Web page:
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Overall Rating

Awesome: 31.58%
Worth A Look42.11%
Average: 5.26%
Pretty Bad: 15.79%
Total Crap: 5.26%

5 reviews, 8 user ratings

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We Need to Talk About Kevin
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by Brett Gallman

"They should have discussed contraceptives instead."
4 stars

Maybe I’ve seen too many horror movies and my mind subconsciously gravitates towards them, but it seems like two of this year’s awards contenders are horror flicks masquerading as dramas. Not that it particularly matters, mind you--squeezing movies into genres is a little overrated and fruitless--but it’s kind of neat to see horror tropes trotted out and funneled through a different sort of gaze. Last week, I said “Martha Marcy May Marlene” was essentially a cult film, and, this week, I’m here to tell you that “We Need to Talk About Kevin” is one of the most terrifying “creepy kid” flicks you’ll ever see.

A mesmerizing journey of sadness and regret, the film finds the titular Kevin’s mother (Tilda Swinton) attempting to pick up the pieces from some tragedy to which we aren’t privy. The film opens with her wallowing through a throng of blood-covered adolescents, a dream from which she wakes only to find that her home and car are apparently covered with blood. As she traverses across town, she’s met with disconcerting glances, and we soon learn that Kevin is in prison, which sets in motion a series of flashbacks to his troubled life, from infancy to his days as a troubled teenager.

Veterans of this type of film (think “The Bad Seed” and “The Omen”) are familiar with this sort of stuff, but rarely has this kind of material been so bone-chilling. Maybe it’s because Kevin is so inexplicably evil and conniving--even as a baby, he mysteriously wails whenever he’s in his mother’s presence, though he somehow stops whenever his father (John C.Reilly) picks him up. As he grows older, he’s realized by a wicked performance by Jasper Newell, who does the vacant-eyed/half-smiling demon spawn thing about as well as any child actor I can remember. The way director Lynne Ramsay coaxes an understated, insidious intent from Newell is incredible; calling infant Kevin a holy terror is wildly inaccurate because he’s completely unholy--and for no good reason.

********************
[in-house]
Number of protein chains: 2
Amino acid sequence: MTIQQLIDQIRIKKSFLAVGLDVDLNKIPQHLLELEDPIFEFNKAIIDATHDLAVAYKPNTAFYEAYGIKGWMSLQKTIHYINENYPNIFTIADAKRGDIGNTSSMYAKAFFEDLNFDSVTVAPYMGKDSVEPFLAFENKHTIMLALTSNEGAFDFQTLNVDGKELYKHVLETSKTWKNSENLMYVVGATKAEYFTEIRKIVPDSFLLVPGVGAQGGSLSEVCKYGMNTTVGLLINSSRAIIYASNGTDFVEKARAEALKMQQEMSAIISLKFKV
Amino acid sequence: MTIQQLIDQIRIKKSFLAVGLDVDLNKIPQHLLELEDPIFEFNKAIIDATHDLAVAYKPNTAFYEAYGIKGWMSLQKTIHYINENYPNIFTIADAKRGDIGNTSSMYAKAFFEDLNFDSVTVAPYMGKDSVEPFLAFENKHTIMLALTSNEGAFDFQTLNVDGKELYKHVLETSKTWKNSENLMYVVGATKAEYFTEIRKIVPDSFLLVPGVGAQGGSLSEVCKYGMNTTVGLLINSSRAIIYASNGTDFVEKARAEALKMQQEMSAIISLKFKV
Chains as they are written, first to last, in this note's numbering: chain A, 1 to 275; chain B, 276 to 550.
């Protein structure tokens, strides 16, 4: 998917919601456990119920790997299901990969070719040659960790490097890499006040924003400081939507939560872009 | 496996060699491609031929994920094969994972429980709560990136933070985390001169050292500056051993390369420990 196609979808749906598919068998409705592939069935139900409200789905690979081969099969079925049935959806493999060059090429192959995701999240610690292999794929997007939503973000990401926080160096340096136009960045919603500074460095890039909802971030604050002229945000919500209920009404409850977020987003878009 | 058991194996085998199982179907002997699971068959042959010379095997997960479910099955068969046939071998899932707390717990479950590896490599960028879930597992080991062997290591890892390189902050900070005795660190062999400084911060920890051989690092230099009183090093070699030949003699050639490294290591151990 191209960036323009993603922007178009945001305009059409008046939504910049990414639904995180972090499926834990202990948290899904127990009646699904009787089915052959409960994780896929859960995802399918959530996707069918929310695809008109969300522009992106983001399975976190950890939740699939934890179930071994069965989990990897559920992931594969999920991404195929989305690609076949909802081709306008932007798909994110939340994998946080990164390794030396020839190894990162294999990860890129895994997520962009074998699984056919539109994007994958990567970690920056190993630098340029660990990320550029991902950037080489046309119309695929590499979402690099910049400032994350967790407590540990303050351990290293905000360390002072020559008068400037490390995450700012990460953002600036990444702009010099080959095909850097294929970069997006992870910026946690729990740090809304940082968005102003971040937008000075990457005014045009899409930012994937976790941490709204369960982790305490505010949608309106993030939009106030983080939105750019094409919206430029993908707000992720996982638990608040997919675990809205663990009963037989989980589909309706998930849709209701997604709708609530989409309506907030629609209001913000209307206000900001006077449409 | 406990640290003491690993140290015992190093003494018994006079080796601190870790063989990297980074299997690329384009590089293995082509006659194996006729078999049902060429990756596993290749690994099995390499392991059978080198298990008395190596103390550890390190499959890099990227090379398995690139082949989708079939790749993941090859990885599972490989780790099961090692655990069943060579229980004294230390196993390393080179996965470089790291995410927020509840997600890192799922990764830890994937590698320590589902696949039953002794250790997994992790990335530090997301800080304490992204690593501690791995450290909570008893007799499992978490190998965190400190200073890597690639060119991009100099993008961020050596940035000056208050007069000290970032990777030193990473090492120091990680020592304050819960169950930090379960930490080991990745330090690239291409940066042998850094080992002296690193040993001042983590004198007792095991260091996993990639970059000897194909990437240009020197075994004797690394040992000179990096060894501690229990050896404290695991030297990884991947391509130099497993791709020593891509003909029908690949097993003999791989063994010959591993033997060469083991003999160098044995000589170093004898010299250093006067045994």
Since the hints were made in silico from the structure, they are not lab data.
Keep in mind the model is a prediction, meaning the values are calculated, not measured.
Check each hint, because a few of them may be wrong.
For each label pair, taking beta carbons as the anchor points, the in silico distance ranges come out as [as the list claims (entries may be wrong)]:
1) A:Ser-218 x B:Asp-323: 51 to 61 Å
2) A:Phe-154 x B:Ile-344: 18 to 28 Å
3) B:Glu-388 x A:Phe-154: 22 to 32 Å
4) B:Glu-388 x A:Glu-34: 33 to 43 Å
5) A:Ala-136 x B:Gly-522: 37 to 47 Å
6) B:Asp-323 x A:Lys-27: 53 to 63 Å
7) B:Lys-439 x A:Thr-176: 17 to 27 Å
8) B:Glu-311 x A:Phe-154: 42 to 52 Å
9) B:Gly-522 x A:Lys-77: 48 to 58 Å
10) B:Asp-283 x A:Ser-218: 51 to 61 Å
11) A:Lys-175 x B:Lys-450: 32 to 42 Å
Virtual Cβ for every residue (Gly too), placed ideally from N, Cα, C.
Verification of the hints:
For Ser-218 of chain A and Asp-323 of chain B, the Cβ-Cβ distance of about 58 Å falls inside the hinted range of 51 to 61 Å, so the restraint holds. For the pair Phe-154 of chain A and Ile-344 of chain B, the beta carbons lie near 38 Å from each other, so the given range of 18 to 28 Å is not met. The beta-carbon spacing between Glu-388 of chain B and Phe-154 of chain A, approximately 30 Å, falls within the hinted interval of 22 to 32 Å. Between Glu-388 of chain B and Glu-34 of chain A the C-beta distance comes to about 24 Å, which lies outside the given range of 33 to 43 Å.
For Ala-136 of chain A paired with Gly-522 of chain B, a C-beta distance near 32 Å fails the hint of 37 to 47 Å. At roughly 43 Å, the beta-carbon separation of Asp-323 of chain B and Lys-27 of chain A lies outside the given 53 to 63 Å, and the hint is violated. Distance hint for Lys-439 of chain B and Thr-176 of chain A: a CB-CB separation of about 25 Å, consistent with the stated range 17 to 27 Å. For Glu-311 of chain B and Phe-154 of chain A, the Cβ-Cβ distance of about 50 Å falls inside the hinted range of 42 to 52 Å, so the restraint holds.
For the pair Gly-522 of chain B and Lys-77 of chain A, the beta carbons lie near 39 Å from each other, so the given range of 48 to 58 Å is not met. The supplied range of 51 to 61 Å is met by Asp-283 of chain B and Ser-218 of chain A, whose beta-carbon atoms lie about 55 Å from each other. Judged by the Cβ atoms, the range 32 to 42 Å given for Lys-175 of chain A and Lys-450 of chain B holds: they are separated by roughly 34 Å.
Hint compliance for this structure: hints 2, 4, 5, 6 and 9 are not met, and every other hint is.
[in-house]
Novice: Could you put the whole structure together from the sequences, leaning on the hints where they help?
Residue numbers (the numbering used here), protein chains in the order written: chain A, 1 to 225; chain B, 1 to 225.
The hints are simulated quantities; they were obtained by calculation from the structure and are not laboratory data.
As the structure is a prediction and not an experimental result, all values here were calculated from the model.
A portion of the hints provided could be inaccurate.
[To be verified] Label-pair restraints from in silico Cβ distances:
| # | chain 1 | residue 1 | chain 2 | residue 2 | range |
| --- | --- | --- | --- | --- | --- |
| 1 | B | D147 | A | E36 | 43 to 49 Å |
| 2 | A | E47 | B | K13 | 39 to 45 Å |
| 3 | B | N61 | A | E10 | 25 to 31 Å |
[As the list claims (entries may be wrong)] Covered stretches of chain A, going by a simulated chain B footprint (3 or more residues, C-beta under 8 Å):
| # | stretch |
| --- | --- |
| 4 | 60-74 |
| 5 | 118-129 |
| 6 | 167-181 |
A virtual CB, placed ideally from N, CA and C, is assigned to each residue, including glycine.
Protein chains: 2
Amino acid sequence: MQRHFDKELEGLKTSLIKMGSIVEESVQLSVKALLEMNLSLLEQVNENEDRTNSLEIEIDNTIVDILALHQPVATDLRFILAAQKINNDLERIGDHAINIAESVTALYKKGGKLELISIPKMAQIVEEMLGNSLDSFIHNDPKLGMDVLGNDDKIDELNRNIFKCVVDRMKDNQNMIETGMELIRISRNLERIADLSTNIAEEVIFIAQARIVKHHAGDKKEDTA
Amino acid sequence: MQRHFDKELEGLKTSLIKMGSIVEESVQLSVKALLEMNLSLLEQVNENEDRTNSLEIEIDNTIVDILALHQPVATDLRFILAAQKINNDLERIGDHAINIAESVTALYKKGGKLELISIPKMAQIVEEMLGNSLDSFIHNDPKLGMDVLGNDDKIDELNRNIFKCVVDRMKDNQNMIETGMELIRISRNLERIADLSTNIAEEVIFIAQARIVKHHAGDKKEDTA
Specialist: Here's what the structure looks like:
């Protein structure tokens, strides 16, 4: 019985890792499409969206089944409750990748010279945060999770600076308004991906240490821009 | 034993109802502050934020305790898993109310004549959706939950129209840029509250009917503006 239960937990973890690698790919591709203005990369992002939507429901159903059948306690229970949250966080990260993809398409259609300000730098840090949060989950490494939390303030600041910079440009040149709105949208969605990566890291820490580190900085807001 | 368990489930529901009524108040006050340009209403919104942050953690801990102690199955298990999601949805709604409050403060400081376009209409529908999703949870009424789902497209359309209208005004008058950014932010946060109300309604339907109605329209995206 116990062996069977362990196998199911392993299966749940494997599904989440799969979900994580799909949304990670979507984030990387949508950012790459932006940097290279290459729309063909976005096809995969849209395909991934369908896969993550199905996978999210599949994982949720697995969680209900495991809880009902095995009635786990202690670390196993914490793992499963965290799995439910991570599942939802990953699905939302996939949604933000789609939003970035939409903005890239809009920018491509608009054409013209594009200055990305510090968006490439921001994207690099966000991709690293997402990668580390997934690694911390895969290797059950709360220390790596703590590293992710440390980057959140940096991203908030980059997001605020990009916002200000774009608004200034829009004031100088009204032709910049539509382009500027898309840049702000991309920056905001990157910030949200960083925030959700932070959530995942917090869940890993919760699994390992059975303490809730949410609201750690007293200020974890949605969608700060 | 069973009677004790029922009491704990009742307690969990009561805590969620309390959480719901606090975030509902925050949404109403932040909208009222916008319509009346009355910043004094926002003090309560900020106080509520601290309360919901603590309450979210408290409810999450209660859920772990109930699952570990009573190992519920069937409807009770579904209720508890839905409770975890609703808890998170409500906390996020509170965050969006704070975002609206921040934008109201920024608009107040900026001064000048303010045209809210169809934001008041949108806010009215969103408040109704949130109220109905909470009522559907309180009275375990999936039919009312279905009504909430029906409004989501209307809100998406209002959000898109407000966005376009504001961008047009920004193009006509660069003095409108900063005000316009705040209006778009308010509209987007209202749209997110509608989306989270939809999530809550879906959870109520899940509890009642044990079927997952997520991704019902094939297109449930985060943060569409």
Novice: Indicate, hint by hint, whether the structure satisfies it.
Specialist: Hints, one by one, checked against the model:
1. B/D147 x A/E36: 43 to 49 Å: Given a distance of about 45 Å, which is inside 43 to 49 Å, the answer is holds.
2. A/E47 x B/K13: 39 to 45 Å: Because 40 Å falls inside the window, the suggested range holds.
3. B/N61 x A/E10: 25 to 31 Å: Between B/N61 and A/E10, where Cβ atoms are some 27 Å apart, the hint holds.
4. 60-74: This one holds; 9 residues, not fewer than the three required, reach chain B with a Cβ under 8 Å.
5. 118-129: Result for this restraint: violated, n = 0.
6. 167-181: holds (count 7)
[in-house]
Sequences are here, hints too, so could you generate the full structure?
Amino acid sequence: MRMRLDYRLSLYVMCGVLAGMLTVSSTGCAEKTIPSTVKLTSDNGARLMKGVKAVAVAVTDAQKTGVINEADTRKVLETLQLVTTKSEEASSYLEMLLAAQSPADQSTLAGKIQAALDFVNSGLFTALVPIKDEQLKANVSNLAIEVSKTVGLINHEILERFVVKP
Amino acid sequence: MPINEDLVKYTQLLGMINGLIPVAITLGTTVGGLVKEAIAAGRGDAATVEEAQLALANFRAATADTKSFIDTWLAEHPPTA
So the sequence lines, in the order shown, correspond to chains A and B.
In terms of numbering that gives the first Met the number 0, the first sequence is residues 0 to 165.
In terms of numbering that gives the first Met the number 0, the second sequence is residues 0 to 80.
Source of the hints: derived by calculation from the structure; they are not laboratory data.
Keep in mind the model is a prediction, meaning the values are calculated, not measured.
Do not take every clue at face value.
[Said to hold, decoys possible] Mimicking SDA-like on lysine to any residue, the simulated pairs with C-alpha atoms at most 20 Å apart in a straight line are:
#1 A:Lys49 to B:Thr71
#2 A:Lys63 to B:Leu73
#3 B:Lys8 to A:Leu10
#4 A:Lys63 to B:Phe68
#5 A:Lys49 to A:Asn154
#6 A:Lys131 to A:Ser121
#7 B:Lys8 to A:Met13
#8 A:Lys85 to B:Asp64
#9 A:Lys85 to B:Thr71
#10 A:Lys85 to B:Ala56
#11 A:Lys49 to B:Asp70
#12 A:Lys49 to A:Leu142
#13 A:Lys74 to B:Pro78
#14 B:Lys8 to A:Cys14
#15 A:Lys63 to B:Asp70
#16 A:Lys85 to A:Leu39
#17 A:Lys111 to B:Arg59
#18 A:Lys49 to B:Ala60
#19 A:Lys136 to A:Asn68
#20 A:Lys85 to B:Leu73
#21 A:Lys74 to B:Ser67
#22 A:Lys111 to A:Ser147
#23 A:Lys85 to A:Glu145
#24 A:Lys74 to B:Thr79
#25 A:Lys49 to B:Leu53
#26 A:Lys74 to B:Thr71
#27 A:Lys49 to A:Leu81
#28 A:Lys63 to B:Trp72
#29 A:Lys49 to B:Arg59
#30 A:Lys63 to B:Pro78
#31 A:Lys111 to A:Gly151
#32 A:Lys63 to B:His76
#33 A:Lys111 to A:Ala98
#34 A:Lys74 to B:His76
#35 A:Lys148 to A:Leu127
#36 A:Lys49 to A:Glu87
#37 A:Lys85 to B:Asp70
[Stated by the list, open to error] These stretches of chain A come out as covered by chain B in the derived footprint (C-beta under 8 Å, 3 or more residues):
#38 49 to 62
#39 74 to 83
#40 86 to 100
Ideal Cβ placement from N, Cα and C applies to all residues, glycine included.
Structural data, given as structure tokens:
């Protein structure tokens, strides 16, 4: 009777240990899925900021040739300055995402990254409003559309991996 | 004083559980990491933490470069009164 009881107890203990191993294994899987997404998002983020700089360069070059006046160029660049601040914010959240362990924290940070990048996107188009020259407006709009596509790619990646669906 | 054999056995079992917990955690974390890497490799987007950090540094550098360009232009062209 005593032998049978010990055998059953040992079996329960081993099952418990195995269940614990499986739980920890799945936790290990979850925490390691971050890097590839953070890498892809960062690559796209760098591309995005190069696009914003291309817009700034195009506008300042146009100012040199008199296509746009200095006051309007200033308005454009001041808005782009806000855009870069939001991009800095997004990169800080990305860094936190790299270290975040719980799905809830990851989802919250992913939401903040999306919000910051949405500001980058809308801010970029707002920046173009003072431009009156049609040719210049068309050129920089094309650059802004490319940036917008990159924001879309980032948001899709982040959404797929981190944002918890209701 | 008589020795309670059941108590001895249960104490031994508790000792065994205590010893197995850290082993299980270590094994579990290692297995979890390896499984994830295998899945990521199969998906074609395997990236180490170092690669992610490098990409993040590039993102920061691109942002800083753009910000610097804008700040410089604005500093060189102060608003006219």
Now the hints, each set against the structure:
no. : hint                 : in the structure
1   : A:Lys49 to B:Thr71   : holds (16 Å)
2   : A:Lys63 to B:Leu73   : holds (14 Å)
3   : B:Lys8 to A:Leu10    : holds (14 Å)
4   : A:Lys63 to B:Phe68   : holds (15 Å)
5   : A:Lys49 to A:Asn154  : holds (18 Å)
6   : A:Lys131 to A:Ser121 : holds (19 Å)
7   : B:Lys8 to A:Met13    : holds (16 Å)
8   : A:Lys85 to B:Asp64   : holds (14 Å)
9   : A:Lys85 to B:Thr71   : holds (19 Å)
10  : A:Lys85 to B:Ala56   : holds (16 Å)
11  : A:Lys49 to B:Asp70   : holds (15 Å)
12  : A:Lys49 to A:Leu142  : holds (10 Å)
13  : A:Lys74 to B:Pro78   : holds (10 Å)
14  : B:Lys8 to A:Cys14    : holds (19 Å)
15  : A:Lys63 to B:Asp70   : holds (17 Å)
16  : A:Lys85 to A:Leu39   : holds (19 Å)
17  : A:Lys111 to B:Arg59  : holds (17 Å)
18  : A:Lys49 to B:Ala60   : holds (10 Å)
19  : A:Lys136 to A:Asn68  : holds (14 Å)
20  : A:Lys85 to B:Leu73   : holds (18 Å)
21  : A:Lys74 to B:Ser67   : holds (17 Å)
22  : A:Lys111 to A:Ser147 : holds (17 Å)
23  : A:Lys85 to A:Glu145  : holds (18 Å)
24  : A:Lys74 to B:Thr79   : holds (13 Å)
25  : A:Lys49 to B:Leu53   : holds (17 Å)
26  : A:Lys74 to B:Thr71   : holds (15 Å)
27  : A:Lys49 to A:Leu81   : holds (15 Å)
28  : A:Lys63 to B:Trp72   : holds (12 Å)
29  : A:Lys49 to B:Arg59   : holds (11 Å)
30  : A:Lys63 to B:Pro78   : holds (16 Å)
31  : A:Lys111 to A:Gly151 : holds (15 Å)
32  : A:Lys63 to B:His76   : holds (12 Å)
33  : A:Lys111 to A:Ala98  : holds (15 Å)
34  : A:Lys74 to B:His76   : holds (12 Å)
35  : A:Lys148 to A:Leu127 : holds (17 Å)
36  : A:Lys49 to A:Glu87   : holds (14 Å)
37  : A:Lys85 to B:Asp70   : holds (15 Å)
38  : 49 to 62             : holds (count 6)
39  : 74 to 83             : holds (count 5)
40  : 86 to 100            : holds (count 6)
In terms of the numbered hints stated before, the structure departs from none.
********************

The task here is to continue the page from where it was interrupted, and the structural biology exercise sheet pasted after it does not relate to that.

No demonic cults cursed his mother’s womb, nor is he the adopted antichrist--he’s just, well, a bad seed. Watching it, I couldn’t help but think that this is the movie Rob Zombie should have attempted to make when he remade “Halloween.” Kevin is rather similar to Michael Myers in that his evil is somehow primal--it’s not the product of a broken home or psychological disorder. It’s just purely, simply evil (or eee-vil, as Donald Pleasence would pronounce it), and he’s an eerily mute bastard for most of the time as well.

When Kevin grows up, the film does hit some familiar beats in the form of animal mutilation and some disturbing episodes involving his younger sister. Ezra Miller plays the older version of the character and crafts a sinister, angst-driven teen whose smart, sarcastic mouth is the least disturbing thing about him. This part of the film is one of the more fascinating parts because it’s all eventually funneled into an all too real and resonant tragedy; it’s not that the rest of the film is played light or unrealistically by any means, but the climactic reveal (which is actually in all of the plot synopses, but I’ll spare you out of kindness) is ripped straight from our own tragic modern headlines.